Now that we have the one big image, we need to extract that out onto the filesystem. More than likely, you will need the newest version of tar to have the –hard-dereference option available. Your choices are to either download tar and install it from source, or grab a fully compiled version of tar here. (Thanks again Jordan). We’ll use the compiled version because it is just easier.

This can take awhile.

Remember when we backed up /etc above? (You did that, right?) Now we will want to bring that back in. However, is we just completely overwrite the /etc directory that we just extracted we will lose things like our users, groups, iptables, etc because they will be overwritten with the default values. To make sure we always have the /etc directory from the tar available, save that as another backup directory:

Ok, now we have 3 etc directories:
/etc = The version off of the backup
/etc.bak = The stock image /etc directory with all defaults
/etc.tar = A backup copy of the etc directory from the tarball

From here you can manually bring over your network config files and anything else necessary from the default image, but I prefer to just replace the entire /etc directory with stock data and bring over what I need from the /etc.tar directory later.

Depending on what distro you are running, you will also want to grab your iptables rules from /etc.tar In anything RHEL based it would be:

That’s pretty much it. Cross your fingers, reboot and see if it comes back up!

  1. This article is exactly what I was searching for. If I understand this, I should be able to pull down a server image from the cloud files and run that image on a local server. When ready, I could make an image of my local server and restore it on a cloud server.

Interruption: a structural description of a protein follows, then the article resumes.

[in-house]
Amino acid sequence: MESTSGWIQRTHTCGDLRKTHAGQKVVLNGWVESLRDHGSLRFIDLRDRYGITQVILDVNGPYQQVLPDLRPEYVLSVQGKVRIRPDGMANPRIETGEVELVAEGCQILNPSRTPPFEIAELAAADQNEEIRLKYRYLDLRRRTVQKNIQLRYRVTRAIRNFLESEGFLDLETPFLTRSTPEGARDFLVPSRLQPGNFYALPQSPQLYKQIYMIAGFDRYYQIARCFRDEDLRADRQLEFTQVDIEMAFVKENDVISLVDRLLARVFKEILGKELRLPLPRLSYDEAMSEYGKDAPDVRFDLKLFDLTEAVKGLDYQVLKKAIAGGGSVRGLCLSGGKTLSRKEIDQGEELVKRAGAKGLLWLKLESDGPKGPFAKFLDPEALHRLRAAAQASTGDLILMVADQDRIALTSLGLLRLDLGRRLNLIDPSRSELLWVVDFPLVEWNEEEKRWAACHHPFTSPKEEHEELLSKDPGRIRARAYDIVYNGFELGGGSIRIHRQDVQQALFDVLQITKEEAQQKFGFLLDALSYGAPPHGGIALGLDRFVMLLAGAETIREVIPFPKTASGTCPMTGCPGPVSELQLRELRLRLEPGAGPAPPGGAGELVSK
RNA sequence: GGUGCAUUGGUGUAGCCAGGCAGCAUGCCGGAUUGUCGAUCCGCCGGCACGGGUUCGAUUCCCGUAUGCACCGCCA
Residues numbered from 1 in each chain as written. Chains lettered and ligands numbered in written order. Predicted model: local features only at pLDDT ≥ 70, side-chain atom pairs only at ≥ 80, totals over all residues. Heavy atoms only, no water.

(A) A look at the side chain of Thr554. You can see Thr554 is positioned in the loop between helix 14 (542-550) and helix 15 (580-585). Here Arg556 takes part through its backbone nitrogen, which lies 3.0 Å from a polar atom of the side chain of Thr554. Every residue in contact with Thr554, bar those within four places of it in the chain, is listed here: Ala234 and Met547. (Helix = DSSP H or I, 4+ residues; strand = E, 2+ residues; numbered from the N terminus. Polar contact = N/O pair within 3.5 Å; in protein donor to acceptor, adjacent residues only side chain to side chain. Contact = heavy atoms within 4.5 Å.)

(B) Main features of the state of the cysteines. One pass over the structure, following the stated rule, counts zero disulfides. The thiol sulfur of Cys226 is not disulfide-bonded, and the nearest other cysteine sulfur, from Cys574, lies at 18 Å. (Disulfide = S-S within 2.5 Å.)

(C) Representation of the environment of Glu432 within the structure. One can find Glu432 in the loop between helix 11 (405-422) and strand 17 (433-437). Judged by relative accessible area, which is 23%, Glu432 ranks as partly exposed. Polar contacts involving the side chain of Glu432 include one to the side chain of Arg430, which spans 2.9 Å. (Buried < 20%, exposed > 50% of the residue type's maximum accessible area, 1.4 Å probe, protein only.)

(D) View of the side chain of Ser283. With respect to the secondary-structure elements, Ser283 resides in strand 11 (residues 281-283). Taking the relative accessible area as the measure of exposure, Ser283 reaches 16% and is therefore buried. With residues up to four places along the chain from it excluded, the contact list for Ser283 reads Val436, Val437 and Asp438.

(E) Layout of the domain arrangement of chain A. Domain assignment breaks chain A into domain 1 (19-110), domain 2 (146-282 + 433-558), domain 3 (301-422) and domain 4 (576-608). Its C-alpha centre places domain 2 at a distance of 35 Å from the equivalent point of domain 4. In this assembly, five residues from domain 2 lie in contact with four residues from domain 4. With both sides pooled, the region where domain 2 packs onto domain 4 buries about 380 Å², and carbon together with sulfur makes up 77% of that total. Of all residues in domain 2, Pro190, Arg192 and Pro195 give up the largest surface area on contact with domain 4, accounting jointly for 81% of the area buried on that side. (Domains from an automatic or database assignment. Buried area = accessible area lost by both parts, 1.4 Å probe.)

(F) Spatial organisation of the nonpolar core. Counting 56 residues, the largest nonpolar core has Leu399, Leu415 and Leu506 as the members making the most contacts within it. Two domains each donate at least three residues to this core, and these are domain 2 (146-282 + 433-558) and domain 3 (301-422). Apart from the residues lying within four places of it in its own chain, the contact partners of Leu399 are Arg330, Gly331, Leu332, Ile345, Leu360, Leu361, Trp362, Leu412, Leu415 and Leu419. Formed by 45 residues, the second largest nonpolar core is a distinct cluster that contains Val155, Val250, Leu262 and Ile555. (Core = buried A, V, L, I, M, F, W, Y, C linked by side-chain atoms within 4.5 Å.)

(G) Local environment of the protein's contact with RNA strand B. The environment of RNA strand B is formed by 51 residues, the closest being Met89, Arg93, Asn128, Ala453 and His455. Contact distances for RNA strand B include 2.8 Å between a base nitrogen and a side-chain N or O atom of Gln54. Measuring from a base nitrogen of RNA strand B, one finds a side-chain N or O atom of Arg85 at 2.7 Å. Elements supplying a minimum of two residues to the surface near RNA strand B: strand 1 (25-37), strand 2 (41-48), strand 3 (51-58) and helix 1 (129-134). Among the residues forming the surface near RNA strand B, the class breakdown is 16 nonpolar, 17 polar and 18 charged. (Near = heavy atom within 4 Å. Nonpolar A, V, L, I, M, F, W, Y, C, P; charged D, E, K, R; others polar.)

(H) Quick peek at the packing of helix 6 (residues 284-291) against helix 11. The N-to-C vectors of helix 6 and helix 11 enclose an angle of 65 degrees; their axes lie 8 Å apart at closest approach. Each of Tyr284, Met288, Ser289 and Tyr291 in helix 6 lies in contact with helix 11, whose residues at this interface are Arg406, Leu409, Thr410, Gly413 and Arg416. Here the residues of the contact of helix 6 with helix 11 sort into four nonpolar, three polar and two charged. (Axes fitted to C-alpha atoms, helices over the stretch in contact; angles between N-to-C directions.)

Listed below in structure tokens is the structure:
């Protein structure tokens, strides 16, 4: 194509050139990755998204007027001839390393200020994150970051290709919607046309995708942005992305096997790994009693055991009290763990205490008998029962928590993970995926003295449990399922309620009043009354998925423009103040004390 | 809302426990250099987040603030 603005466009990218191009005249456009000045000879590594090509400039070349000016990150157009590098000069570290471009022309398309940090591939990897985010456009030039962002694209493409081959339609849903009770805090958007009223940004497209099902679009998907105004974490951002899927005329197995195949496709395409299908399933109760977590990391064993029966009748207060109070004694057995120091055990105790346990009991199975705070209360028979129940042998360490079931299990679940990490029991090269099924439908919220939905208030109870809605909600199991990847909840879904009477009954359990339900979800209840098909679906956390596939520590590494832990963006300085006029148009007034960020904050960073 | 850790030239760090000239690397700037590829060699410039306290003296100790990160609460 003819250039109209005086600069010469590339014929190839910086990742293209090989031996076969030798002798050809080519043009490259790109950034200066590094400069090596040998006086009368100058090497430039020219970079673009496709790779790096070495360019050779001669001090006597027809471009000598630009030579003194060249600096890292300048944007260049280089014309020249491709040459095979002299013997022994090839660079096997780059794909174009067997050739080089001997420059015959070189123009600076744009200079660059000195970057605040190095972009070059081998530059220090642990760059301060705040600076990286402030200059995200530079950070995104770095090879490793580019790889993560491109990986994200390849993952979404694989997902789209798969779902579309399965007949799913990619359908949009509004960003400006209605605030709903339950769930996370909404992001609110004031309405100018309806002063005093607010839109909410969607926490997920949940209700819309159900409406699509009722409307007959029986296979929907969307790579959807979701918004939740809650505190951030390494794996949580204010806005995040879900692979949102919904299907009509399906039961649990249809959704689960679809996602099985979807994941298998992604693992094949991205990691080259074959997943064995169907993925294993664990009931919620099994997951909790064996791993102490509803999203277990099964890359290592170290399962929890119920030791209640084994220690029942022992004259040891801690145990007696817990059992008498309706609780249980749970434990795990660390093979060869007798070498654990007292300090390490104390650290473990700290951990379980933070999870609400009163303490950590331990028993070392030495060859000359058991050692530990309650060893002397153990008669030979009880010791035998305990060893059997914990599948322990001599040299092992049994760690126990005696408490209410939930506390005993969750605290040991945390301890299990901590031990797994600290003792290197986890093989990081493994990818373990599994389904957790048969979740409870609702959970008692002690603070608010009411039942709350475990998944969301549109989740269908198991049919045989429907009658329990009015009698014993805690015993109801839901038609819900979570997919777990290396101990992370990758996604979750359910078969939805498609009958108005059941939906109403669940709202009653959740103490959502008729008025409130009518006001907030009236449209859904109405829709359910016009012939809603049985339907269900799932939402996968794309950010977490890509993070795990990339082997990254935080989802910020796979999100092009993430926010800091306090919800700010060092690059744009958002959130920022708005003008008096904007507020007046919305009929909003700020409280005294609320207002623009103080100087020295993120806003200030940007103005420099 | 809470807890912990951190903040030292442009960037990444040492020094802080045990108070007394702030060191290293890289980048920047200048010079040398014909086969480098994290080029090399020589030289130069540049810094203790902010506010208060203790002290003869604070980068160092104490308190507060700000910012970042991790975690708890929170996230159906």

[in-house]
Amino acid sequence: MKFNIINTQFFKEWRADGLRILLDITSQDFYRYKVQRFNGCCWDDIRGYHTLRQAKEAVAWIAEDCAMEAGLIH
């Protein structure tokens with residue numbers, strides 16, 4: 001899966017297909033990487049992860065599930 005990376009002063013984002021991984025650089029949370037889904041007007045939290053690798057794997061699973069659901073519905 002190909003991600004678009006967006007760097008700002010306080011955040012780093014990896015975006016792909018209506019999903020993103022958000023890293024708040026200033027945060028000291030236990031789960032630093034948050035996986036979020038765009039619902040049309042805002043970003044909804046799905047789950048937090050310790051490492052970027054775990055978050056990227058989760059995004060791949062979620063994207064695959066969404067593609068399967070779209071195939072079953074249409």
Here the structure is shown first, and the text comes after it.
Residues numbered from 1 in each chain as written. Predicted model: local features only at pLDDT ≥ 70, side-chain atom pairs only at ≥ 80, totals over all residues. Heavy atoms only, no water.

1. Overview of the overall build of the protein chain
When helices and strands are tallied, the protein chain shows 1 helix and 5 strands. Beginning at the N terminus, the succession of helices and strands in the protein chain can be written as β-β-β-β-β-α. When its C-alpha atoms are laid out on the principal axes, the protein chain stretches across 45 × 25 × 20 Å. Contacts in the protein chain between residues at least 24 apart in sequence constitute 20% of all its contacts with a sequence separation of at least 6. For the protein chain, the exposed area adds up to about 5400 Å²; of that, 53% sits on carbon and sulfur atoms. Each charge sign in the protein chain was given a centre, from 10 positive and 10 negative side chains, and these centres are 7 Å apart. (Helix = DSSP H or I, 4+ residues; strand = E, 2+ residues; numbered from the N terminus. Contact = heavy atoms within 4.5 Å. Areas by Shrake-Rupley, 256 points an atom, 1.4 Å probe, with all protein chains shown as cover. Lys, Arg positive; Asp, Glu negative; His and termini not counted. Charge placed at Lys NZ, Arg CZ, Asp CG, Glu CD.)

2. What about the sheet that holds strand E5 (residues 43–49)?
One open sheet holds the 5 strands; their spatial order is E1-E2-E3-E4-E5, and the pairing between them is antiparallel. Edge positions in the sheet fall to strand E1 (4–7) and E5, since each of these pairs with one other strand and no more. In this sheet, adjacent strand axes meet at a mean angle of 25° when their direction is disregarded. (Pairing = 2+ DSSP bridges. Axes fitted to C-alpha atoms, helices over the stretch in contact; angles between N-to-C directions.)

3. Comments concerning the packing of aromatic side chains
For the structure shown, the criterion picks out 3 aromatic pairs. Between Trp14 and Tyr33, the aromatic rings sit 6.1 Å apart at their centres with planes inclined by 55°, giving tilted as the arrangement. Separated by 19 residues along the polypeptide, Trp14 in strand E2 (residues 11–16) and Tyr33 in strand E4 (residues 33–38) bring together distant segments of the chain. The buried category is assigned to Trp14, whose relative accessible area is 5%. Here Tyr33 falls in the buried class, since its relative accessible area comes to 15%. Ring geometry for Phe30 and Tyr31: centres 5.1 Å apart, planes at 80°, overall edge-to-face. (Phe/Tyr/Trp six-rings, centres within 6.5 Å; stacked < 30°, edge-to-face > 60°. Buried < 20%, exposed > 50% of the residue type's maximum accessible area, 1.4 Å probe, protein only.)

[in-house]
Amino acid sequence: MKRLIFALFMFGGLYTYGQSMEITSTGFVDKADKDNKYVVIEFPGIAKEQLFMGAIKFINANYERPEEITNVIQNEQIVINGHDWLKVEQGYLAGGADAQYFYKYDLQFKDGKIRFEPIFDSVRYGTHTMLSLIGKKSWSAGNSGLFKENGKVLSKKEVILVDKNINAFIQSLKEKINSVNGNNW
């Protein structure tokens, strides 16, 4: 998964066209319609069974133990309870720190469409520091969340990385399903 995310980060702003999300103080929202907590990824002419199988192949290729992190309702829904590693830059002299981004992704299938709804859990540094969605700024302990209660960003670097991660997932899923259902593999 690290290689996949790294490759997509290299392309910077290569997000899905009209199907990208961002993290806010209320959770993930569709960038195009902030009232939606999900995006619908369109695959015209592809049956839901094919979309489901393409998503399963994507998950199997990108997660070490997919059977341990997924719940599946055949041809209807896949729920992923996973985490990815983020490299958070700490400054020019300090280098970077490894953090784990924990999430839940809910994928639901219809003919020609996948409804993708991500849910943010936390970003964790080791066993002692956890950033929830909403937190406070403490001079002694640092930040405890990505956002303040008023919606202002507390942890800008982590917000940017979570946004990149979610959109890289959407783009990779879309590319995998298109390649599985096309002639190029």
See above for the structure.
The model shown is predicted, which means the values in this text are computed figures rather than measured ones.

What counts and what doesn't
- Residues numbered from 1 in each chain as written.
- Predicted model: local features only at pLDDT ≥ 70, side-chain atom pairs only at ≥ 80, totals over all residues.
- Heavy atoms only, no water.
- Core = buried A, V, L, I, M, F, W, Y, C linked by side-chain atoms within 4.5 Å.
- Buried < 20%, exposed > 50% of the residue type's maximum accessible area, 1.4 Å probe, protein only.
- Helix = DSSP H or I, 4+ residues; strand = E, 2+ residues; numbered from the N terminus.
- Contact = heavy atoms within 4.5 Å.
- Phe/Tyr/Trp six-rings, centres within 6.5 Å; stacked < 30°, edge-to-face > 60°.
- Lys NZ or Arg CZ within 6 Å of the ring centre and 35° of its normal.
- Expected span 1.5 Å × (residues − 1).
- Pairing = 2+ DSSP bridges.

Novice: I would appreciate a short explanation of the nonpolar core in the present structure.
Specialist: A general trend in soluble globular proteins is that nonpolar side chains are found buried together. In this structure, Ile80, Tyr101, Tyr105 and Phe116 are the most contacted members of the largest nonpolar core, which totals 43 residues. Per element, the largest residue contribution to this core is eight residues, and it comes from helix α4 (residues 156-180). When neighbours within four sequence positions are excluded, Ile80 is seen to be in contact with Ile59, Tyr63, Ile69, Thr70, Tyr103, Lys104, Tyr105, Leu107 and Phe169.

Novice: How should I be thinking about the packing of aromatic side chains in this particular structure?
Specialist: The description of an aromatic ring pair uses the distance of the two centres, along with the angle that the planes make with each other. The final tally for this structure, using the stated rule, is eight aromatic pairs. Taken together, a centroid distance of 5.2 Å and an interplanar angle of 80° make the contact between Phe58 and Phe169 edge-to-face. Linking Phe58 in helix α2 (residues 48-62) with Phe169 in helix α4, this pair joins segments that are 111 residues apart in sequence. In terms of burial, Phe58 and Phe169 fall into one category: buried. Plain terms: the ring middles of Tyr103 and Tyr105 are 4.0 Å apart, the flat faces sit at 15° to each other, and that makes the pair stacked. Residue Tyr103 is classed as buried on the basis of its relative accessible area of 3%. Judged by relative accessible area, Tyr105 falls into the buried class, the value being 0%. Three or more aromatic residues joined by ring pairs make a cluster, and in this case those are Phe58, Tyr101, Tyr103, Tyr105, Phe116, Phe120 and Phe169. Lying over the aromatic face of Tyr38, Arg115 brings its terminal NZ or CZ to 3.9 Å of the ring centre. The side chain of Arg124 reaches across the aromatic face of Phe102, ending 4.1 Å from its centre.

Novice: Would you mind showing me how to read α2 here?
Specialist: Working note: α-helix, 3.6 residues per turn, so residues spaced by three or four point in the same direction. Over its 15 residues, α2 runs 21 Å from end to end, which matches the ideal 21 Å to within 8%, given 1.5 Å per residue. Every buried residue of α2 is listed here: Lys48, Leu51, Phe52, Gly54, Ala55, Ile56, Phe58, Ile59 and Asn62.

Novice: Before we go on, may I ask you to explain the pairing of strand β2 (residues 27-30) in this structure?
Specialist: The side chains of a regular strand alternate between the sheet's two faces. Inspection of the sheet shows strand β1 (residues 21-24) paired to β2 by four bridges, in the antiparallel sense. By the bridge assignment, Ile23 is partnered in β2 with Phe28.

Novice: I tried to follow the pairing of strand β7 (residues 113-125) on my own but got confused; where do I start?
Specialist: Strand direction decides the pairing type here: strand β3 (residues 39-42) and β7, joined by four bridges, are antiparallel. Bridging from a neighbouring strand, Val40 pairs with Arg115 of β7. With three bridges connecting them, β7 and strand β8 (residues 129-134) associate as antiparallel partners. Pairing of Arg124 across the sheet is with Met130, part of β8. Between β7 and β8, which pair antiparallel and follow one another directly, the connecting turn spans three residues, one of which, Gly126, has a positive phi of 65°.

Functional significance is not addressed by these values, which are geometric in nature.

Have you tried doing that?

    • Hi Carl!
      The major flaw with your plan would be that Rackspace Cloud Servers (currently) run as Para-Virtualization instead of Hardware Virtualization. This means that the kernel and bootloader is provided by the hypervisor and not by the server itself. (You’ll notice the lack of a grub.conf file on a stock server)

      In theory, I think this could work if you ran your own kernel and had support change you to a server running PV-Grub instead of the kernel pushed down from the hypervisor. You could then download it, make changes, upload it, and try to build from it. Let me know if it works!

  2. This worked so well! Great Post/Tutorial

  3. Great article. Had to tweak it slightly for my UK account (as the API URI is different.

    When I copy m /etc.bak back over like this:

    cp -a /etc.bak/* /etc/

    …I have to conform each file individually and there are literally hundreds. I’ve tried to use -f to force, with -a (-fa) but this doesn’t work.

    Any ideas?


  4. Reynaldo Zabala

    Do you know if any of these steps might be tweaked to allow for the following:

    1) Create a new VMWare image locally and upload it to Rackspace so it can be used as a base for creating new cloud servers?

  5. Great article.

    Anyone else doing this for UK cloud should use this API URL:

    instead of:

  6. Or script it. Where f will be the filename (the curl -o option saves to a file).

    for f in $(curl .. | grep _20131213_);
    curl -o $f --url "../container/${f}"